For the first 40 minutes of the NCAA championship game, the nation’s top two women’s college hockey teams—No. 1 Minnesota and No. 2 Harvard—fought an evenly matched 2-2 contest that had all the markings of an epic battle to the end.
Then the Golden Gophers’ first line—Natalie Darwitz, Krissy Wendell and Kelly Stephens—decided to take over the game. The three-pronged attack scored four unanswered goals in the final frame of action to put Minnesota (30-4-2, 19-3-2 WCHA) on top 6-2 and send the Crimson (30-4-1, 15-3-0 ECAC) home with a loss in the finals for the second year in a row.
The Golden Gophers’ third period marked a total shift from the game’s first two.
“We talked about ‘this is our chance to reach our goals,’” said Minnesota coach Laura Halldorson. “And one of the things we talked about at the beginning of the year was to meet [President] George [Bush]—that was one of our goals. We’ve seen other teams go to the White House and we wanted to go.”
In the final frame of the championship game, Darwitz struck first, starting Harvard’s demise just nine seconds into the third period.
She received a pass from Wendell off the opening faceoff and took the puck along the left side, out-skating Ruggiero to the faceoff circle, where she fired a shot at sophomore Ali Boe.
Darwitz skated in past co-captain Angela Ruggiero and knocked in the rebound past Boe’s right side, but as soon as the officials signaled a goal, Boe and the rest of the Crimson turned in protest and the goal was put under review, to no avail.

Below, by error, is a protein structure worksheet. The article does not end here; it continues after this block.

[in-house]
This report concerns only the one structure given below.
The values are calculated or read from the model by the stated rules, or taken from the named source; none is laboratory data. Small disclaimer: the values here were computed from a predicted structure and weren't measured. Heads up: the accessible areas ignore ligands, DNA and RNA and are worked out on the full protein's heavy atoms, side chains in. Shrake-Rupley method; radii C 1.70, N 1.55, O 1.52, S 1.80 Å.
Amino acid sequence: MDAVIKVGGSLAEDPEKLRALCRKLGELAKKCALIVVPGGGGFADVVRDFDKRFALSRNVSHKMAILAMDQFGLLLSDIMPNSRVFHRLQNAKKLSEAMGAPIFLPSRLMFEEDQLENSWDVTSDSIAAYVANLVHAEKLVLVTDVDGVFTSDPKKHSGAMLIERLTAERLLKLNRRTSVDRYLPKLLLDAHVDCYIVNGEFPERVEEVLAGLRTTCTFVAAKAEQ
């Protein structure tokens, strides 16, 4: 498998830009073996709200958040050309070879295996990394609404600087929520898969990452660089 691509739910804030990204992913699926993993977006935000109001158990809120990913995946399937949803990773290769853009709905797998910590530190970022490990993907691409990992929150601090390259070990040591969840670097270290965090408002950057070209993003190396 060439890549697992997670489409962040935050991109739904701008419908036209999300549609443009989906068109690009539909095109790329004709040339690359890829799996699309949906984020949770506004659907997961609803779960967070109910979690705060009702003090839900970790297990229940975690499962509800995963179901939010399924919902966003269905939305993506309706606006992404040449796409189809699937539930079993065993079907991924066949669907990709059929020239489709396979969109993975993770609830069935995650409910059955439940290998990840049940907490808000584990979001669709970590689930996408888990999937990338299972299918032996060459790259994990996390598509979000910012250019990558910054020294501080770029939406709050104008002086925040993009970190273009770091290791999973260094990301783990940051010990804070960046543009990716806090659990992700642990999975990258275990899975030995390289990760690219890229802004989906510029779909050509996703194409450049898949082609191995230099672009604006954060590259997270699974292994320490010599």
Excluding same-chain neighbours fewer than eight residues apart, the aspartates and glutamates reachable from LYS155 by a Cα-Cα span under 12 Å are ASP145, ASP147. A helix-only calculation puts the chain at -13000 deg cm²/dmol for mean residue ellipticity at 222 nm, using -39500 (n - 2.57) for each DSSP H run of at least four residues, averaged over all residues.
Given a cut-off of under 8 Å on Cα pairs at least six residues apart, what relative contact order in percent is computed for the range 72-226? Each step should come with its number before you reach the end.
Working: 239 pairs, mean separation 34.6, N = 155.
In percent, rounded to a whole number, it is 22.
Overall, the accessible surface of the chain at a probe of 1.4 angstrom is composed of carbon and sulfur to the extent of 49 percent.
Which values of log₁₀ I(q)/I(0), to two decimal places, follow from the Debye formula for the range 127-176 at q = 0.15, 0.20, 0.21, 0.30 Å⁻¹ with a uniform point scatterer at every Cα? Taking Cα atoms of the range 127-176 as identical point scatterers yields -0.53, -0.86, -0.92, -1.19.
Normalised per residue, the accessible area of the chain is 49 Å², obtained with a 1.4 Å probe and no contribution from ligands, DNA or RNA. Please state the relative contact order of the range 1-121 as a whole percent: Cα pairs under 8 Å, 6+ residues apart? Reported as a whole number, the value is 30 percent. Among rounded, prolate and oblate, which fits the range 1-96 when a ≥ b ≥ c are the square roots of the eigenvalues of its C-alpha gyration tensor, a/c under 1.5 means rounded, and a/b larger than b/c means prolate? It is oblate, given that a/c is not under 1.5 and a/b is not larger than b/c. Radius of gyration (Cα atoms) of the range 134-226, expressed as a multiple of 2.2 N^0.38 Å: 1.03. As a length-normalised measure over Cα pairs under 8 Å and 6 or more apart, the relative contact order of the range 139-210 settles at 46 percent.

Just 32 game seconds after Darwitz’s goal—more than a few minutes had passed due to the officials’ timeout to review the play—Stephens scored by deflecting a Wendell shot taken from the left faceoff circle past Boe’s left.
In the next few minutes immediately following the Gophers’ fourth goal, the Crimson showed signs of life and gave the Harvard faithful reason to believe in a comeback.
Junior Nicole Corriero, despite having at least two Gophers trying to drag her down each time she campaigned toward the net, trudged along and fired shot after shot at Minnesota goalie Jody Horak, finishing with nine shots on goal for the game. Unfortunately, her only goal came in the second period off a Ruggiero set-up, and she wasn’t able to snap the Gophers’ dominance in the final frame.
As the end of the game drew near, Harvard had more and more trouble putting together quality scoring opportunities and holding the puck deep in the Gopher’s defensive zone.
“We put a lot of pressure on them down the stretch of the game—if we had been tired we probably wouldn’t have been able to do that,” Stone said.
The nail in the coffin might very well have come on Wendell’s goal at 6:54—Minnesota’s fifth of the game and fourth unanswered.
“We had smiles on our faces for that third period, and we never let up and enjoyed every minute of it,” Halldorson said.
Darwitz rounded out the period with a hat trick with slightly less than seven minutes left in the game.